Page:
One of the goals we often have as parents is to raise responsible children who can function well in society. This is a great goal, and one we should have. As Christian parents, many of us also have the goal of raising children who have godly character, or character qualities that exemplify the love of Christ to others. In fact, in studies about homeschooling, one of the main reasons some parents choose to homeschool is so they can focus more time on helping their children develop godly character qualities.
But how do we actually do this? What strategies can we implement to help our children become people of character who show the love of Christ to others? Here are a few ideas that seemed to help with our kids:
- Spend time with God yourself so that you’re exemplifying godly character – kids follow our example much more readily than they do what we say. I remember times when I saw some negative character trait in one of my kids that I recognized as something I also did on occasion! Kids are great that way, they keep you humble! They really will follow your lead, so set a good example by being in the Word, praying and seeking God’s help to live a life pleasing to Him.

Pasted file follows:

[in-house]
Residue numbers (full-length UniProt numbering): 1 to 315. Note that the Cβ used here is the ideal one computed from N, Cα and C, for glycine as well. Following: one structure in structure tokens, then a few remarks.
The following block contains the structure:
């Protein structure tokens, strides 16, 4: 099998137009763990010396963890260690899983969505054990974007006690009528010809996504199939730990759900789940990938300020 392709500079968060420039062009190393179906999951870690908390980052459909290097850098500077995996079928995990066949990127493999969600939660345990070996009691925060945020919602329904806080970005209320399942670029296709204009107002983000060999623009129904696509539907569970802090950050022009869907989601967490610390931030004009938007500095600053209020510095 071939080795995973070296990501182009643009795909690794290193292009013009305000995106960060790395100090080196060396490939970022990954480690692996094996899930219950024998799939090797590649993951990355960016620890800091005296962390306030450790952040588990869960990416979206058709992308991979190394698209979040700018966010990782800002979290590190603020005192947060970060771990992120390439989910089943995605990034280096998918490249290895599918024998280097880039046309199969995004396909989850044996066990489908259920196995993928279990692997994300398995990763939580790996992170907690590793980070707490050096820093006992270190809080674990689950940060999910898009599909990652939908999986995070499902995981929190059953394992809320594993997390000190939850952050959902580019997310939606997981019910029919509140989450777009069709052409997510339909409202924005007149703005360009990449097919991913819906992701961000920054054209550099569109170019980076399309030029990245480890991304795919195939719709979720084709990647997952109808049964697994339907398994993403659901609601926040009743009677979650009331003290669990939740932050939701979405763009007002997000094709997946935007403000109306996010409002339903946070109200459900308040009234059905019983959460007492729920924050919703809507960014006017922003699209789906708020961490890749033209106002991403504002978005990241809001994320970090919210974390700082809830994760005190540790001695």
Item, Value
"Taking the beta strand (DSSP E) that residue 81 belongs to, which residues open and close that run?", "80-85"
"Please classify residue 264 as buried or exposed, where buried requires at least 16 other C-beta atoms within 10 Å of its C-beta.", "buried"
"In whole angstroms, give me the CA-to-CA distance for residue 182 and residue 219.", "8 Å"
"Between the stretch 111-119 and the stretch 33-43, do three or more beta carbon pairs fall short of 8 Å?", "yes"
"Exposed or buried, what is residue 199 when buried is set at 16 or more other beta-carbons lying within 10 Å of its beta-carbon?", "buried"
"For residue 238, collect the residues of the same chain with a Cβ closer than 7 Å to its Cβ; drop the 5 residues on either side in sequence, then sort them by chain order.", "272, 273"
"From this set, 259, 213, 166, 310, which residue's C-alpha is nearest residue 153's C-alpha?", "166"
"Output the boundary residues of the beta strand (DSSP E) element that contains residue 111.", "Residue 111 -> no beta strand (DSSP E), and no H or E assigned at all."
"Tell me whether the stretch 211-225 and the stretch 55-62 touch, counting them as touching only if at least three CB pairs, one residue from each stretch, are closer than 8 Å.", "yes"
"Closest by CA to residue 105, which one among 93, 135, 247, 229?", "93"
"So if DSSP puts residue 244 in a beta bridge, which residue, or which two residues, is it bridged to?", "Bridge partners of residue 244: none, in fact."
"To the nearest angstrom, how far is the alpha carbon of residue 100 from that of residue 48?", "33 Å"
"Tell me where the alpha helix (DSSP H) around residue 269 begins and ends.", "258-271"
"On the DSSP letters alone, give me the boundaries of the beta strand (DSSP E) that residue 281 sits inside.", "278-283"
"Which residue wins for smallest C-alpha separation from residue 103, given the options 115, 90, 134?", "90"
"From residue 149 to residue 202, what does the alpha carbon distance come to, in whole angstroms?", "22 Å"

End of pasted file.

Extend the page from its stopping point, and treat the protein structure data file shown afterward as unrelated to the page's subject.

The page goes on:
- Pray for your kids, for God to work on their character and to bring to attention anything that needs refining. (a good thing to pray for yourself as well!) Take time periodically and ask God to reveal any character issues in your children that need to be addressed and pray for wisdom as to how to do so.
- Have family devotions which include talking about the importance of having godly character: “A Child’s Book of Character Building” by Ron and Rebekah Coriell was a study we enjoyed using for a while in our family devotions. Studying the fruit of the Spirit in Galatians 5 is another fun option for building character. I also found a website that has lessons for kids on integrity and godly character that you could check out: http://www.kidsofintegrity.com/ There are many options out there to guide you in talking with your children about godly character.
- Talk about the importance of having godly character throughout the day and use teachable moments when they exhibit godly character or ungodly character. Take the time to talk with them about their good or bad behavior right on the spot, explaining how it was or was not honoring to God. These moments will have a big impact in your child’s life. One caution on this, be careful not to embarrass them by pointing out their negative behavior and lecturing them in front of others. It’s much more effective to take them aside and speak quietly about what happened.